5 English – Italian false friends that will betray you when you least expect it.

Keep your friends close but your enemies closer – that’s what any sensible person with a ton of enemies would say. False friends (or falsi amici) are words that are similar or identical in spelling or sound in two languages but actually have significantly different meanings.

English and Italian are both part of the large Indo-European language family that goes back centuries – which explains why a fair amount of the English language (around 40%) is rooted in Latin. Be that as it may, you’re likely to encounter some treacherous false friends along the way who may lead to (many) awkward situations for you and your conversation partner. 

In this article, we review 5 false friends in Italian. Beware, they might someday leave a horse head in your bed.

#1 Terrificante vs. terrific

In Italian, describing something or someone as terrificante actually means that they send shivers down one’s spine – “terrifying” would be a better analogy in English. If you want to say something is “terrific”, you ought to go for the term magnifico

ItalianEnglishNot to be confused withWhich translates in Italian as
TerrificanteFrighteningTerrificMagnifico, fantastico

Example: Il film è stato semplicemente terrificante, non ho chiuso occhio stanotte.

Translation: The movie was quite simply terrifying, I didn’t sleep a wink last night.

#2 Magazzino vs magazine

Casually browsing through your local newsagents looking for the latest edition of Grazia? You may find yourself in an awkward position at the cash register when asking for your favorite read. That’s because in Italian, magazzino actually means “warehouse”. Use the term rivista or periodico in the future.

ItalianEnglishNot to be confused withWhich translates in Italian as

Example: Quel magazzino abbandonato potrebbe ospitare un modesto rave party.

Translation: That abandoned warehouse seems like it could host a modest rave party.

#3 Morbido vs morbid

We can’t help but have a soft spot for this next false cognate. Picture this: you’re on your long-awaited romantic weekend getaway to Milan, you take a wrong turn and end up walking through the city’s cemetery. Bummer for you. You want to escape this gloomy tour as fast as you can and blurt out that the place is morbido on your way out. Congratulations, you’ve just made a few heads turn.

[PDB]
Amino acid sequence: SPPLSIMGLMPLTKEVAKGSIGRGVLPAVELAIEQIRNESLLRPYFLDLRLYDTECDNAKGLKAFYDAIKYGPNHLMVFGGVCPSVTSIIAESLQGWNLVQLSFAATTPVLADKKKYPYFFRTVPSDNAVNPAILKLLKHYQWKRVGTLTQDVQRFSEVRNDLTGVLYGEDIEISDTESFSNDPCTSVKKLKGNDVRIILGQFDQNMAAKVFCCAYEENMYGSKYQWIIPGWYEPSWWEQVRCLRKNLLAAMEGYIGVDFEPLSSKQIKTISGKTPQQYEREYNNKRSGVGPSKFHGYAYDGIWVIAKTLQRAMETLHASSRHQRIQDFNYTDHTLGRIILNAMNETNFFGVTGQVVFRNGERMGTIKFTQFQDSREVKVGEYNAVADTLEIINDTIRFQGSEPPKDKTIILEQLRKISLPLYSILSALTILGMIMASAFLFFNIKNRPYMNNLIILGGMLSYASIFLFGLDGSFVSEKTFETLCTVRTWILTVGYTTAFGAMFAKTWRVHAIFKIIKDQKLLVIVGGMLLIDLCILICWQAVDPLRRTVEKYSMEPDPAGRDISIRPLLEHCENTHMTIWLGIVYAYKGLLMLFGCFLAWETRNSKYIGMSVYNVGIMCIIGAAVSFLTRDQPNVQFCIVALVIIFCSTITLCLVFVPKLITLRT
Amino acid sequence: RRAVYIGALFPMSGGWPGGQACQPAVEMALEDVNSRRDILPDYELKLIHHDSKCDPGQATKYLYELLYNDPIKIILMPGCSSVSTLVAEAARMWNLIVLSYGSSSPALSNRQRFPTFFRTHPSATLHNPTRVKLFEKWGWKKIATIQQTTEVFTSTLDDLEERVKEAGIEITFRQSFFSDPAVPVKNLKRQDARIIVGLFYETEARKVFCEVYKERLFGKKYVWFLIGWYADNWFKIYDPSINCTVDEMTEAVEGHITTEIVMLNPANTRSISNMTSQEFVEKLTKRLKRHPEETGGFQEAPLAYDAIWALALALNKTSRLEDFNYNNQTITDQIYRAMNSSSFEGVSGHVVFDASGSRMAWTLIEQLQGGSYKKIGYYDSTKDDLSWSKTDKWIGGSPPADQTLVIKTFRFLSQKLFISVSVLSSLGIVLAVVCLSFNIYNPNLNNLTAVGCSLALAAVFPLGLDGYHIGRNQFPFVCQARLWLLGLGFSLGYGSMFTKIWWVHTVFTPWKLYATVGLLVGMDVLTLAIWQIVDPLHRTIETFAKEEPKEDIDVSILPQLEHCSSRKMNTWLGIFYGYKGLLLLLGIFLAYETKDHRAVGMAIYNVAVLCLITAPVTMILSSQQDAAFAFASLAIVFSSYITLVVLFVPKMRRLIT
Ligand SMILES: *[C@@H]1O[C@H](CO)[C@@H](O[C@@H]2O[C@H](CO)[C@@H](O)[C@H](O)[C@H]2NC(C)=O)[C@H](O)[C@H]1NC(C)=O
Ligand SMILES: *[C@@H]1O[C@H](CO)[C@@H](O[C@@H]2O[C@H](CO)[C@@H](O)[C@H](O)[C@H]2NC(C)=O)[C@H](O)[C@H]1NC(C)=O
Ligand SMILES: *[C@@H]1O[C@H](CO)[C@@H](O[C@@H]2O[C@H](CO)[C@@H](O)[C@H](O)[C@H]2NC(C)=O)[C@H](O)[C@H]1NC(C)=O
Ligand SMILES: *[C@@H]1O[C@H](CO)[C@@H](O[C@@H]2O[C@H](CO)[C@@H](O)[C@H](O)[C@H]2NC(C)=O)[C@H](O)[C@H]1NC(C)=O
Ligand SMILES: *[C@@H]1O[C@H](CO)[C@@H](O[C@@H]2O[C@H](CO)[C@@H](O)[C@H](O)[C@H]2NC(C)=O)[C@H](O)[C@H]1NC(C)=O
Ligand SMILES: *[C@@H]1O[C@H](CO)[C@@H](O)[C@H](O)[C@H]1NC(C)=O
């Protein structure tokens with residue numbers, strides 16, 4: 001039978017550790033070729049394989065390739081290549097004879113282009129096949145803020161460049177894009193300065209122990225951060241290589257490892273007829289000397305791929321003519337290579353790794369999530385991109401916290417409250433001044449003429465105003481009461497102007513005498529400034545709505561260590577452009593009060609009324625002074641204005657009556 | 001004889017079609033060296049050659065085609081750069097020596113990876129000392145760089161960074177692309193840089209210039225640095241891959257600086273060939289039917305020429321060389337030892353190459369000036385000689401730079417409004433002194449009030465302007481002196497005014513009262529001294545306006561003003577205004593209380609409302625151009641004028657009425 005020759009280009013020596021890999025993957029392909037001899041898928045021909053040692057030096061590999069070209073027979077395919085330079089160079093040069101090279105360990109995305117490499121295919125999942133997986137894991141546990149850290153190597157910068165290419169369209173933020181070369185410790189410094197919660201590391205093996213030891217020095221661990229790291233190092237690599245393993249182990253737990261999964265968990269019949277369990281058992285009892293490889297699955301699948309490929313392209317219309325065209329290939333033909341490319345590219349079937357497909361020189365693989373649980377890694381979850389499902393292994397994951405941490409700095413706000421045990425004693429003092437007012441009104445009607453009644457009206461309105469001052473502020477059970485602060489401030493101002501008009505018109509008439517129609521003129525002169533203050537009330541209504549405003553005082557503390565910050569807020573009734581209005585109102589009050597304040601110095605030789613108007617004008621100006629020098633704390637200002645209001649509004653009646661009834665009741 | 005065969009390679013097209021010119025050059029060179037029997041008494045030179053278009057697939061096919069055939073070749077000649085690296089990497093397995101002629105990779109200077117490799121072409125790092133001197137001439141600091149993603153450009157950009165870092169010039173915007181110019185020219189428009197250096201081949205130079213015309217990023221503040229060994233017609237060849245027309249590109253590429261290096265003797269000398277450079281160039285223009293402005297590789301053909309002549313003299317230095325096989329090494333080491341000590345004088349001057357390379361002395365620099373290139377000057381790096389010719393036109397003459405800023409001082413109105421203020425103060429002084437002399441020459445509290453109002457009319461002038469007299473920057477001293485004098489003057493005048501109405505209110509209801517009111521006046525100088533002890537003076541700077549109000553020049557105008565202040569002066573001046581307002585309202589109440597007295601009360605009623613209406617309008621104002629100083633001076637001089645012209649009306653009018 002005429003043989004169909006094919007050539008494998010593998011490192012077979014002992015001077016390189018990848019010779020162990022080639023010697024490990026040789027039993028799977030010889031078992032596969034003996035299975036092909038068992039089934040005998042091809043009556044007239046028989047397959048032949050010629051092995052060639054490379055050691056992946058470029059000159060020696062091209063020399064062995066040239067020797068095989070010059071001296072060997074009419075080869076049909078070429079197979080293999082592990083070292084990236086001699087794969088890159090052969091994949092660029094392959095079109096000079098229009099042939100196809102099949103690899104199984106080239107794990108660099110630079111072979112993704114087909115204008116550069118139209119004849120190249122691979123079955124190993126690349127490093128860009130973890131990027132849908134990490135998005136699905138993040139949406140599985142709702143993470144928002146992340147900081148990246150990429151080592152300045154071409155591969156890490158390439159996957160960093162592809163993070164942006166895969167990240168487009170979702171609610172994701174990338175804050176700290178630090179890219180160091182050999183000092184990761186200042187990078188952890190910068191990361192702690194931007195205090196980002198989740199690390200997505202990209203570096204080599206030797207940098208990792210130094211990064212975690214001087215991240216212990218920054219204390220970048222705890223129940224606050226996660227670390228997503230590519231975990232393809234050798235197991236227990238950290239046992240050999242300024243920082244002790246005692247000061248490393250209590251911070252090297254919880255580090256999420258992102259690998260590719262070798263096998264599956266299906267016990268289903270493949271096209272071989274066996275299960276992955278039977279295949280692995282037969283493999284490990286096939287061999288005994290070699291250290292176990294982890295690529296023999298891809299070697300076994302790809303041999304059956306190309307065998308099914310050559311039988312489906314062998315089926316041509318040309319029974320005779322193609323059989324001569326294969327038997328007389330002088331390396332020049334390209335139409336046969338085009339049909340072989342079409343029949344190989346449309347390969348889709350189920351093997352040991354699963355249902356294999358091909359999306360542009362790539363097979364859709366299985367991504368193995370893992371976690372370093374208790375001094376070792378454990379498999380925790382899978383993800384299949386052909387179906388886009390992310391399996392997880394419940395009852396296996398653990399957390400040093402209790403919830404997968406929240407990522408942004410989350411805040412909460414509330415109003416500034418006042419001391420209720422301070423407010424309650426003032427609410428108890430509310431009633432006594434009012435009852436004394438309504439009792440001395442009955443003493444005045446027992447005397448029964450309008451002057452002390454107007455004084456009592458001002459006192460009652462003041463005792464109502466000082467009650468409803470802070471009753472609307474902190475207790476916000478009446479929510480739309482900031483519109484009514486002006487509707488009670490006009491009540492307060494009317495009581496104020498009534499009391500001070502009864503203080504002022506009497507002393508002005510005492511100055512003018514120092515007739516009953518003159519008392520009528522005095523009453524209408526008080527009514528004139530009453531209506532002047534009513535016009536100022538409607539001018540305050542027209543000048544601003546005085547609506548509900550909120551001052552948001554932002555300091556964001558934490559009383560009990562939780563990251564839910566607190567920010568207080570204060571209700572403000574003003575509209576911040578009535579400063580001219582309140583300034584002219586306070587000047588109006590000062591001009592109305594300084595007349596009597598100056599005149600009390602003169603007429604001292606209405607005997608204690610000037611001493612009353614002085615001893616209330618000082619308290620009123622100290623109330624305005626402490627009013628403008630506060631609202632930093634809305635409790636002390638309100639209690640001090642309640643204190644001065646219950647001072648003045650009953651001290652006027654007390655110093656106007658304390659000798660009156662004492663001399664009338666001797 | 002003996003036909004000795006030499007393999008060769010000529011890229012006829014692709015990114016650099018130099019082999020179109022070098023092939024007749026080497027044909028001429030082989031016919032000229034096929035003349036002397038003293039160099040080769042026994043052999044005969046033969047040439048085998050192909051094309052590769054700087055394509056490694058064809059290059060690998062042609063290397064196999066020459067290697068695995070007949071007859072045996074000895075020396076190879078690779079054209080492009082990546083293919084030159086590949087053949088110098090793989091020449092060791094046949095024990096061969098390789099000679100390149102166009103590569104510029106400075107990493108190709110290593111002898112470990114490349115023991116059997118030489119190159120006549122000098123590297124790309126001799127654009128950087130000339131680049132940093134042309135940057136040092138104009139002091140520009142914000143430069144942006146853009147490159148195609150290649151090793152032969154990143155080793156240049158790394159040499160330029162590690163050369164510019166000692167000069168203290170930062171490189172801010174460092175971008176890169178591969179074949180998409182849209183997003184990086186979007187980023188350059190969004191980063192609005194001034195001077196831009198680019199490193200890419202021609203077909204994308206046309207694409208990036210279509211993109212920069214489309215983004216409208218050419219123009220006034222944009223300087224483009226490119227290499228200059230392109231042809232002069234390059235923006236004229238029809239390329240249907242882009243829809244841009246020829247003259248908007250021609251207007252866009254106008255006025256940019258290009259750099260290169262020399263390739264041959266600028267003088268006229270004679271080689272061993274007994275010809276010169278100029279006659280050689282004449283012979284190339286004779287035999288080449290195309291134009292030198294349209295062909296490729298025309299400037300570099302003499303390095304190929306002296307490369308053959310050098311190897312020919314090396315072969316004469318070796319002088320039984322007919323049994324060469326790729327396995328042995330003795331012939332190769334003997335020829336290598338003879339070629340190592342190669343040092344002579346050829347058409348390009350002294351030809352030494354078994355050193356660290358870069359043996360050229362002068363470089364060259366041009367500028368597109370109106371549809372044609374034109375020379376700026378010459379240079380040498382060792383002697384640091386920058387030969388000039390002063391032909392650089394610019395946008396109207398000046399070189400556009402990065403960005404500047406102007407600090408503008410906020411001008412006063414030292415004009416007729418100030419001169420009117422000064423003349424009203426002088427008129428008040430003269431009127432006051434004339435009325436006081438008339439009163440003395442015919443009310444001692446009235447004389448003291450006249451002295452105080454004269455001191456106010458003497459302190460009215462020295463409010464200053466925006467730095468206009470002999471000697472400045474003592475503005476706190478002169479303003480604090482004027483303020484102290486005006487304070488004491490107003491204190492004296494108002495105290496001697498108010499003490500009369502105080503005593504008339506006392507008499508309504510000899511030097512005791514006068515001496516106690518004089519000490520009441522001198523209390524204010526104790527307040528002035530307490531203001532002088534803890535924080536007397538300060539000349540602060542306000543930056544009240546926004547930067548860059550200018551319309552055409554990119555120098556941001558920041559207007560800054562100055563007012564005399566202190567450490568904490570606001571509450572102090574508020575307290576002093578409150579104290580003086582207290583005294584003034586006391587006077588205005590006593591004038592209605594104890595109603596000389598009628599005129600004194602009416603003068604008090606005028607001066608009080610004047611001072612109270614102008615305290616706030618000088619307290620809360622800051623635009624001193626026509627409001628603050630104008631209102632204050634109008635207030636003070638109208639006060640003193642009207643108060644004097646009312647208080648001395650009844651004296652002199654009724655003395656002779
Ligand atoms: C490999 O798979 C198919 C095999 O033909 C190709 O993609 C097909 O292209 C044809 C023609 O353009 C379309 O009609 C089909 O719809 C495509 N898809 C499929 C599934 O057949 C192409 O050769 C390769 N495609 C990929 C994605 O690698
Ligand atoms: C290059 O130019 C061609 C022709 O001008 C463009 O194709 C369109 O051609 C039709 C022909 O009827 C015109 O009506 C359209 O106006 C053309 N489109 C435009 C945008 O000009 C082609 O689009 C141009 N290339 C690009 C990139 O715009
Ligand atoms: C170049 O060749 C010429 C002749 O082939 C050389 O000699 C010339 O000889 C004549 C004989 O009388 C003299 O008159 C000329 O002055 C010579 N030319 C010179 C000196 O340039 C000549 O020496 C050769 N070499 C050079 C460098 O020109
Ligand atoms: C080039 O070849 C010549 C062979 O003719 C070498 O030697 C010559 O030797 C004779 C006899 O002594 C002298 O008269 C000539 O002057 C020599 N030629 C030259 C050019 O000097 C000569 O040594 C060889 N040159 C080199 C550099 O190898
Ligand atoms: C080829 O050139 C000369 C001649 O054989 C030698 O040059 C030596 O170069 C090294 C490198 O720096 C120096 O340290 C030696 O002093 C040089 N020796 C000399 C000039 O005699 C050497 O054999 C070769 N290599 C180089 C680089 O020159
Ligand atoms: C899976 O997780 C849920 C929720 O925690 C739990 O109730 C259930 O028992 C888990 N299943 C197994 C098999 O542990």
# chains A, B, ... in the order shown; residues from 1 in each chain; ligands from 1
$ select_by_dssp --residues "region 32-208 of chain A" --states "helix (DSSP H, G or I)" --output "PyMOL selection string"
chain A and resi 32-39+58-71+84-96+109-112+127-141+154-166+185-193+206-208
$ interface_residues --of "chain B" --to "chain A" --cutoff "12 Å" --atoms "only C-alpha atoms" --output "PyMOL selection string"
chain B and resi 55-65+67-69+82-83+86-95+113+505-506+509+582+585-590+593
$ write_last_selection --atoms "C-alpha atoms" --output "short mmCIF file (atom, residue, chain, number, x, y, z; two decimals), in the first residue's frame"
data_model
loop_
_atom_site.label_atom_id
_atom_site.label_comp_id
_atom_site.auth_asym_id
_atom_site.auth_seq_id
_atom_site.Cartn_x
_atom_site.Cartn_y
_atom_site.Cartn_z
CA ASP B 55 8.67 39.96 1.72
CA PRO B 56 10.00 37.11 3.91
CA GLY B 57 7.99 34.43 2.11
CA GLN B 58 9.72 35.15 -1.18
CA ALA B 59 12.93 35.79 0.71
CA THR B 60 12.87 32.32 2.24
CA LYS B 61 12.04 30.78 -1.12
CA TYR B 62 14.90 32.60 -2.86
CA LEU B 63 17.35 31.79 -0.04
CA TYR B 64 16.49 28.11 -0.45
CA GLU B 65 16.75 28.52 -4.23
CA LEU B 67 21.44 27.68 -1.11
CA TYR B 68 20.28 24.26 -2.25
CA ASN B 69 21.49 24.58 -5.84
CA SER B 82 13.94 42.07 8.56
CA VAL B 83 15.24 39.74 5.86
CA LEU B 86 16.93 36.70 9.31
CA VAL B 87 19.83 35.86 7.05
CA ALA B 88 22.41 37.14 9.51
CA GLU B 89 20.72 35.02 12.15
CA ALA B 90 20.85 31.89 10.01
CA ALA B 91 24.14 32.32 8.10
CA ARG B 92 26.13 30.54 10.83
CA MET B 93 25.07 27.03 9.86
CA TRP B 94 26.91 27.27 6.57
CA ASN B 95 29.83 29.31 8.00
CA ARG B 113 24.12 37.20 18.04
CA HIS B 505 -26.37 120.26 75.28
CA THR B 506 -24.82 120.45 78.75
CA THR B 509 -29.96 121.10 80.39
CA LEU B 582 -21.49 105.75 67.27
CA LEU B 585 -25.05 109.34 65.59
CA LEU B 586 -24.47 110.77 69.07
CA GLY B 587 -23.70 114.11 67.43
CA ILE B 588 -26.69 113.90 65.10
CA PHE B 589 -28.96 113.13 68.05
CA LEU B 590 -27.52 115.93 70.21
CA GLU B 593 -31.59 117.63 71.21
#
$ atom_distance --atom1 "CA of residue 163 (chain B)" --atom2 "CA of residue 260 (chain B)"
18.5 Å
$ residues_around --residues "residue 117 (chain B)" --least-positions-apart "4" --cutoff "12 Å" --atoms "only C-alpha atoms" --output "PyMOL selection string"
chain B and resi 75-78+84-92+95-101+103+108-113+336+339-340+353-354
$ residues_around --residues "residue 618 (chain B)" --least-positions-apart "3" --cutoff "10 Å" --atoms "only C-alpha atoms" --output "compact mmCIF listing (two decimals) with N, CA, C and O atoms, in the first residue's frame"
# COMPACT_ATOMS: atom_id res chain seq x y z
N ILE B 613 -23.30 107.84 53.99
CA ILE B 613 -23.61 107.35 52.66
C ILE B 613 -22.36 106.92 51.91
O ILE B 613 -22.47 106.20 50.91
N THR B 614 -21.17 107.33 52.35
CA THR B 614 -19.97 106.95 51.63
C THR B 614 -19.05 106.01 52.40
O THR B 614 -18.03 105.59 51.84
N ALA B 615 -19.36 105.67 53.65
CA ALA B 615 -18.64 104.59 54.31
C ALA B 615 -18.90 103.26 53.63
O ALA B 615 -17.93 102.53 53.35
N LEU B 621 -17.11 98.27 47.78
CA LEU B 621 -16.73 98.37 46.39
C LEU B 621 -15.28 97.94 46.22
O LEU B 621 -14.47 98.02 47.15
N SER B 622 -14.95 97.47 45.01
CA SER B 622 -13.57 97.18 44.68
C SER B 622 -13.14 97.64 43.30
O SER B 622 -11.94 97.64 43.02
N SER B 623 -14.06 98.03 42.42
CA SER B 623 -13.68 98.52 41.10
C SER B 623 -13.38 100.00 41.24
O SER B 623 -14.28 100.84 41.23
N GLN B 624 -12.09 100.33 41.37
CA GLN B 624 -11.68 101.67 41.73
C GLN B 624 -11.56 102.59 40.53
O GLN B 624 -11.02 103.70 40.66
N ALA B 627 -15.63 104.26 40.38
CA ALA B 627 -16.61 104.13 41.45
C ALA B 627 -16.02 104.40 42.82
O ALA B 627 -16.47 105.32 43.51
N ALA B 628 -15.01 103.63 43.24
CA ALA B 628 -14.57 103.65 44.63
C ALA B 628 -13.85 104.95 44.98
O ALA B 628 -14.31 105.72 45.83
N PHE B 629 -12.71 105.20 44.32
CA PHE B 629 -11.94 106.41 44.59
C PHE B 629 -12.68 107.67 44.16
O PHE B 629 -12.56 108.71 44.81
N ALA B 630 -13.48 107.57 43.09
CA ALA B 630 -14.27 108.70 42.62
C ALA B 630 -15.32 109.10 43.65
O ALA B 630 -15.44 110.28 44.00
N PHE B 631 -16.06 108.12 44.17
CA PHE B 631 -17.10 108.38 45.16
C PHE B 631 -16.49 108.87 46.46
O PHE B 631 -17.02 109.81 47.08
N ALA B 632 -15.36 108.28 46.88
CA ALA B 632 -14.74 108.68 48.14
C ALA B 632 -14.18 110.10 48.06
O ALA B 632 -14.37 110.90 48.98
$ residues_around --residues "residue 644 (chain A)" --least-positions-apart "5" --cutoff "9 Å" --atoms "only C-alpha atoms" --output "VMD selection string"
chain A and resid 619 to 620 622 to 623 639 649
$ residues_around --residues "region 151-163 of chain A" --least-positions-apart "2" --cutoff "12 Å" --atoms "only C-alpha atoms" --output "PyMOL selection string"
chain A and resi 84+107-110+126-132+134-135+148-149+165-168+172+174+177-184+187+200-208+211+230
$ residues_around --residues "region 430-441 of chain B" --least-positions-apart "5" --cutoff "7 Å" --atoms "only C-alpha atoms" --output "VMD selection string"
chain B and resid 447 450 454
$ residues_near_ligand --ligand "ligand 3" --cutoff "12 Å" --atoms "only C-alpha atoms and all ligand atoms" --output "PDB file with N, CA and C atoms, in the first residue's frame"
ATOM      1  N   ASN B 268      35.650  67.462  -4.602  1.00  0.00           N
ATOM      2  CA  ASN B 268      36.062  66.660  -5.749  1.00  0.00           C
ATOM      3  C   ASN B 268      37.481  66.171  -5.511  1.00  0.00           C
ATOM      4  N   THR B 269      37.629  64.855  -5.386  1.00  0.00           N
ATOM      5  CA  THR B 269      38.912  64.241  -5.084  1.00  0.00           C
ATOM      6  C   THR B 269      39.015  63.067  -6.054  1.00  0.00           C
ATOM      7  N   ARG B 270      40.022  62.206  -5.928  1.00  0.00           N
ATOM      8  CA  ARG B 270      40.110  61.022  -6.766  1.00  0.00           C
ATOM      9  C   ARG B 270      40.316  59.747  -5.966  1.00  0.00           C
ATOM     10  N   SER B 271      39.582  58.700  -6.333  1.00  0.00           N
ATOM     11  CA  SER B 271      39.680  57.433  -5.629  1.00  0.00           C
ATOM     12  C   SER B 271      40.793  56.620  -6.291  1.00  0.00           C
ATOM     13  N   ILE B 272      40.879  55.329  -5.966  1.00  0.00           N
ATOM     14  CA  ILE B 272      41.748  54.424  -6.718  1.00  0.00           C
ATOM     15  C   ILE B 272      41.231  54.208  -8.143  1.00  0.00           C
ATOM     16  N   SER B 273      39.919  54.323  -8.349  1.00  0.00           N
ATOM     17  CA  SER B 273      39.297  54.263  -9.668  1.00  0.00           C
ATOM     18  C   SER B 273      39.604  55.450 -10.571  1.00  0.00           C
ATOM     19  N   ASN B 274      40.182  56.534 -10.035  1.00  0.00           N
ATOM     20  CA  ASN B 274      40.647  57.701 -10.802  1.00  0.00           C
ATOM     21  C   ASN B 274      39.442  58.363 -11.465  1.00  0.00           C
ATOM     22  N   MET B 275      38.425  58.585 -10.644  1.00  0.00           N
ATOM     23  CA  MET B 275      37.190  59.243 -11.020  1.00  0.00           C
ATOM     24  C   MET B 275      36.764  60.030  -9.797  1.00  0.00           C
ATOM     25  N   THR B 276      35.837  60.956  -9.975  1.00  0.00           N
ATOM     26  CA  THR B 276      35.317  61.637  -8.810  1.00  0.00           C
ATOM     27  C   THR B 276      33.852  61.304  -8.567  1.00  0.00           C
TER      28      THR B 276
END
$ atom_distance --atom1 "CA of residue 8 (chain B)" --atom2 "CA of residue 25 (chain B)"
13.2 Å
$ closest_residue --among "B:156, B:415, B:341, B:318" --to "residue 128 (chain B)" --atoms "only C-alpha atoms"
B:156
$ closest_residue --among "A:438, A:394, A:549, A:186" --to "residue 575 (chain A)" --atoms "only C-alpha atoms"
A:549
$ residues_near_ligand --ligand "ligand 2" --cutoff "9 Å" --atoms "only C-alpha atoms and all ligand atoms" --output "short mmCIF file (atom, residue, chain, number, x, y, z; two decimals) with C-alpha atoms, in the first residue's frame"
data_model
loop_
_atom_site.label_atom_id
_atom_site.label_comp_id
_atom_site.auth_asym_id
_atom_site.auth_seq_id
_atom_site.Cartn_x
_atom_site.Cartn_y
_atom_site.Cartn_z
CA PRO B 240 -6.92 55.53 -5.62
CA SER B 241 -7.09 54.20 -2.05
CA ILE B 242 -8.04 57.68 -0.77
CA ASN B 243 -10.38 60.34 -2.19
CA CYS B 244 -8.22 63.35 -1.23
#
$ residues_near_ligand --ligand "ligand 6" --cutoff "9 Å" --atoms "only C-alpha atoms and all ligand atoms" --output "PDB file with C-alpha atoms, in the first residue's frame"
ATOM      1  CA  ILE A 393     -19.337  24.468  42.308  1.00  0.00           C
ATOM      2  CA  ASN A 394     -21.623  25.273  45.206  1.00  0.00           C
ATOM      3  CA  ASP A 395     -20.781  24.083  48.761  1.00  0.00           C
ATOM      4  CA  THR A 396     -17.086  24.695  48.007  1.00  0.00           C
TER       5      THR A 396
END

Why? Because the Italian adjective morbido doesn’t mean “morbid” but “soft”. In the future, you can use morboso to describe all your morbid fantasies. No judgment.

ItalianEnglishNot to be confused withWhich translates in Italian as

Example: Maria ha appena comprato il maglione di cashmere più morbido (che esista). Voglio letteralmente viverci dentro, ma non posso permettermi l’affitto. 

Translation: Maria just bought the softest cashmere jumper. I literally want to live in it, but I can’t afford the rent.

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#4 Annoiare vs annoy

Think of that over-the-top coworker who won’t stop talking about their allegedly brilliant ferret. Sound familiar? Well, if you’re tempted to tell them to stop annoiare you, think again.

The Italian verb annoiare translates to “to bore” in English, quite different from the meaning of our verb “to annoy”. If you want to describe someone or something as being “annoying”, we suggest you use seccare or irritare. A thin line between hate and bore. 

ItalianEnglishNot to be confused withWhich translates in Italian as
Annoiare(to) bore(to) annoySeccare, irritare

Example: Questa lezione sulla fisica quantistica è noiosa come la morte. Vorrei aver saltato la lezione e imparato una lingua online.

Translation: This lecture on quantum physics is boring as hell, I wish I’d skipped class and learned a language online.

#5 Pretendere vs pretend

Objectively one of the toughest false friends out there, this false friend can trick beginners and advanced learners of Italian alike. The verb pretendere actually means “to expect” and not “to fake”. We believe the verb fingere is the one you were looking for. You’ll thank us later when you’re fingering the Italian version of “What to expect when you’re expecting”.

ItalianEnglishNot to be confused withWhich translates in Italian as
Pretendere(to) expect(to) pretendFingere

Example: Non puoi aspettarti di imparare l’italiano in un mese! Ciò di cui hai bisogno sono brevi e divertenti lezioni giornaliere di contenuti italiani, inviate a raffica, per ottimizzare le tue possibilità di ricordare ciò che hai imparato nel lungo percorso.

Translation: You can’t expect to learn Italian in a month! What you need is short, fun daily burst of Italian content to maximize your chances of remembering what you’ve learned in the long run.

Bonus: Rumore vs. rumor

Rumor has it you’re glad to be at the end of this list. We are too.

The difference between rumore and rumor is uncanny. While rumore refers to a sound or noise, pettegolezzo describes the gossip or unverified tale you’re about to tell the world.

One word of advice: if you hear something through the grapevine, keep it to yourself.

Did you know? The term “rumor” stems from the Latin word rumorem which means “commotion, widespread noise or report”.

ItalianEnglishNot to be confused withWhich translates in Italian as
RumoreNoise, soundRumorPettegolezzo

Example: Il rumore del martello pneumatico è insopportabile. “Martello pneumatico” è il soprannome di mia figlia. 

Translation: The noise coming from that jackhammer is unbearable. My nickname for my daughter is “jackhammer”.

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